The road to hell is paved with side effects
October 14, 2010
Are you familiar with any unwanted side effects in your organization? Are your people working too much overtime because work is being pushed to them? Are incentive systems being played by the employees to maximize their personal gains? Are your customers usually unhappy because they aren’t allowed to change their minds about what they want? Are people notoriously late for meetings in your department? Are you always finding out that tasks won’t be completed on time at the last minute?
Did you ever wonder why any of this is happening?
The people working for you are acting within a system that you are supposed to nurse. That system, if it is a stable one, is what will affect your results more than anything else. The system (that you should assume responsibility for), is delivering outputs, good as well as bad. And guess what, you can consider all of the above problems to be the main goals of your work system. This is what you’ve designed your system to do.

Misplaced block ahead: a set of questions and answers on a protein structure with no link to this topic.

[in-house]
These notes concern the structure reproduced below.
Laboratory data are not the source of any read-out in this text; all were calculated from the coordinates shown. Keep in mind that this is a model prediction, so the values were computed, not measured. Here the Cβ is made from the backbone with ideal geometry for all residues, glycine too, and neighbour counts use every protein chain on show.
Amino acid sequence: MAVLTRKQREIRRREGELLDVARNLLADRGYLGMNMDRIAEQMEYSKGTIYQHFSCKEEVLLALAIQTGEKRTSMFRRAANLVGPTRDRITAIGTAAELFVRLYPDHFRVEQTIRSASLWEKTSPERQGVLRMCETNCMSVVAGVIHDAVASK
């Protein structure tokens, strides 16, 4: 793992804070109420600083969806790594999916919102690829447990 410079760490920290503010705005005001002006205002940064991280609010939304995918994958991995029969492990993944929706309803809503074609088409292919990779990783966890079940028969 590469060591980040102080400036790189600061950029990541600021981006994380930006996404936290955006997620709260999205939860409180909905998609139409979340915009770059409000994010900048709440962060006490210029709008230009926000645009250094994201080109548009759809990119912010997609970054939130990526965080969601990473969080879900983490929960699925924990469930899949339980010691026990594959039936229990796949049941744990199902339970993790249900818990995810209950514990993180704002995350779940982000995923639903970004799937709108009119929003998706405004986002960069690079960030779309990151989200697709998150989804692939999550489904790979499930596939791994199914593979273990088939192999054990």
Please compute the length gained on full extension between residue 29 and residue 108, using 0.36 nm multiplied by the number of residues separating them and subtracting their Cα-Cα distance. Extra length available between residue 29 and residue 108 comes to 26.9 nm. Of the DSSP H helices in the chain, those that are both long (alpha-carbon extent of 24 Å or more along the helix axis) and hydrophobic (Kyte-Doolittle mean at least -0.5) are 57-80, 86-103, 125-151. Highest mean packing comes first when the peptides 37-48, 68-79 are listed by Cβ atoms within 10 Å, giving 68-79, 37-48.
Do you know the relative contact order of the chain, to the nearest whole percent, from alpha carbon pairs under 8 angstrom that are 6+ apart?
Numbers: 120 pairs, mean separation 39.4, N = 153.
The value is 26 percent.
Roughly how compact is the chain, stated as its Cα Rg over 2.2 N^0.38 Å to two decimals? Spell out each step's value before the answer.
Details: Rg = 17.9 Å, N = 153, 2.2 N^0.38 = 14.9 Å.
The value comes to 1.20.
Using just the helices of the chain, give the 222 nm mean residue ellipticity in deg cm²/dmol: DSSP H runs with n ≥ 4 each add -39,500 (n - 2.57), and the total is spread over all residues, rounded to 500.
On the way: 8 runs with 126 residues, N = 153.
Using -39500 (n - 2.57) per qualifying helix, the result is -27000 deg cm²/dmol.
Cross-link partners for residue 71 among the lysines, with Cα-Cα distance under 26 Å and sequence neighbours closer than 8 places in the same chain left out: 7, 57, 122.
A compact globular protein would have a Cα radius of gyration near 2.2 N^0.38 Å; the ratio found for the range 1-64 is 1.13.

I think that John Sterman put it quite eloquently:
“There are no side effects — only effects. Those we thought of in advance, the ones we like, we call the main, or intended, effects, and take credit for them. The ones we didn’t anticipate, the ones that came around and bit us in the rear — those are the “side effects”. When we point to outside shocks and side effects to excuse the failure of our policies, we think we are describing a capricious and unpredictable reality. In fact, we are highlighting the limitations of our mental models.”
It really doesn’t matter what your intentions were when designing the work system. Your good intentions are history and there is a road to hell that is paved with them. You need to consider the unwanted effects of your system as primary goals of it if you’re going to address them properly.
This is also known as the POSIWID principle, a term coined by Stafford Beer – The Purpose Of a System Is What It Does. It might sound fatalistic but is quite the opposite. Yes, the output of a stable system is approaching deterministic and can’t be changed, but – the system itself can be redesigned to deliver very different results. As a manager, it is your job to do this design and redesign when needed.
The most important part of a manager’s job is to design purposeful work systems.
Do you have a part about designing work systems in your job description? Is that a part of your formal training? Did you even know that’s what you are doing, or are supposed to be doing?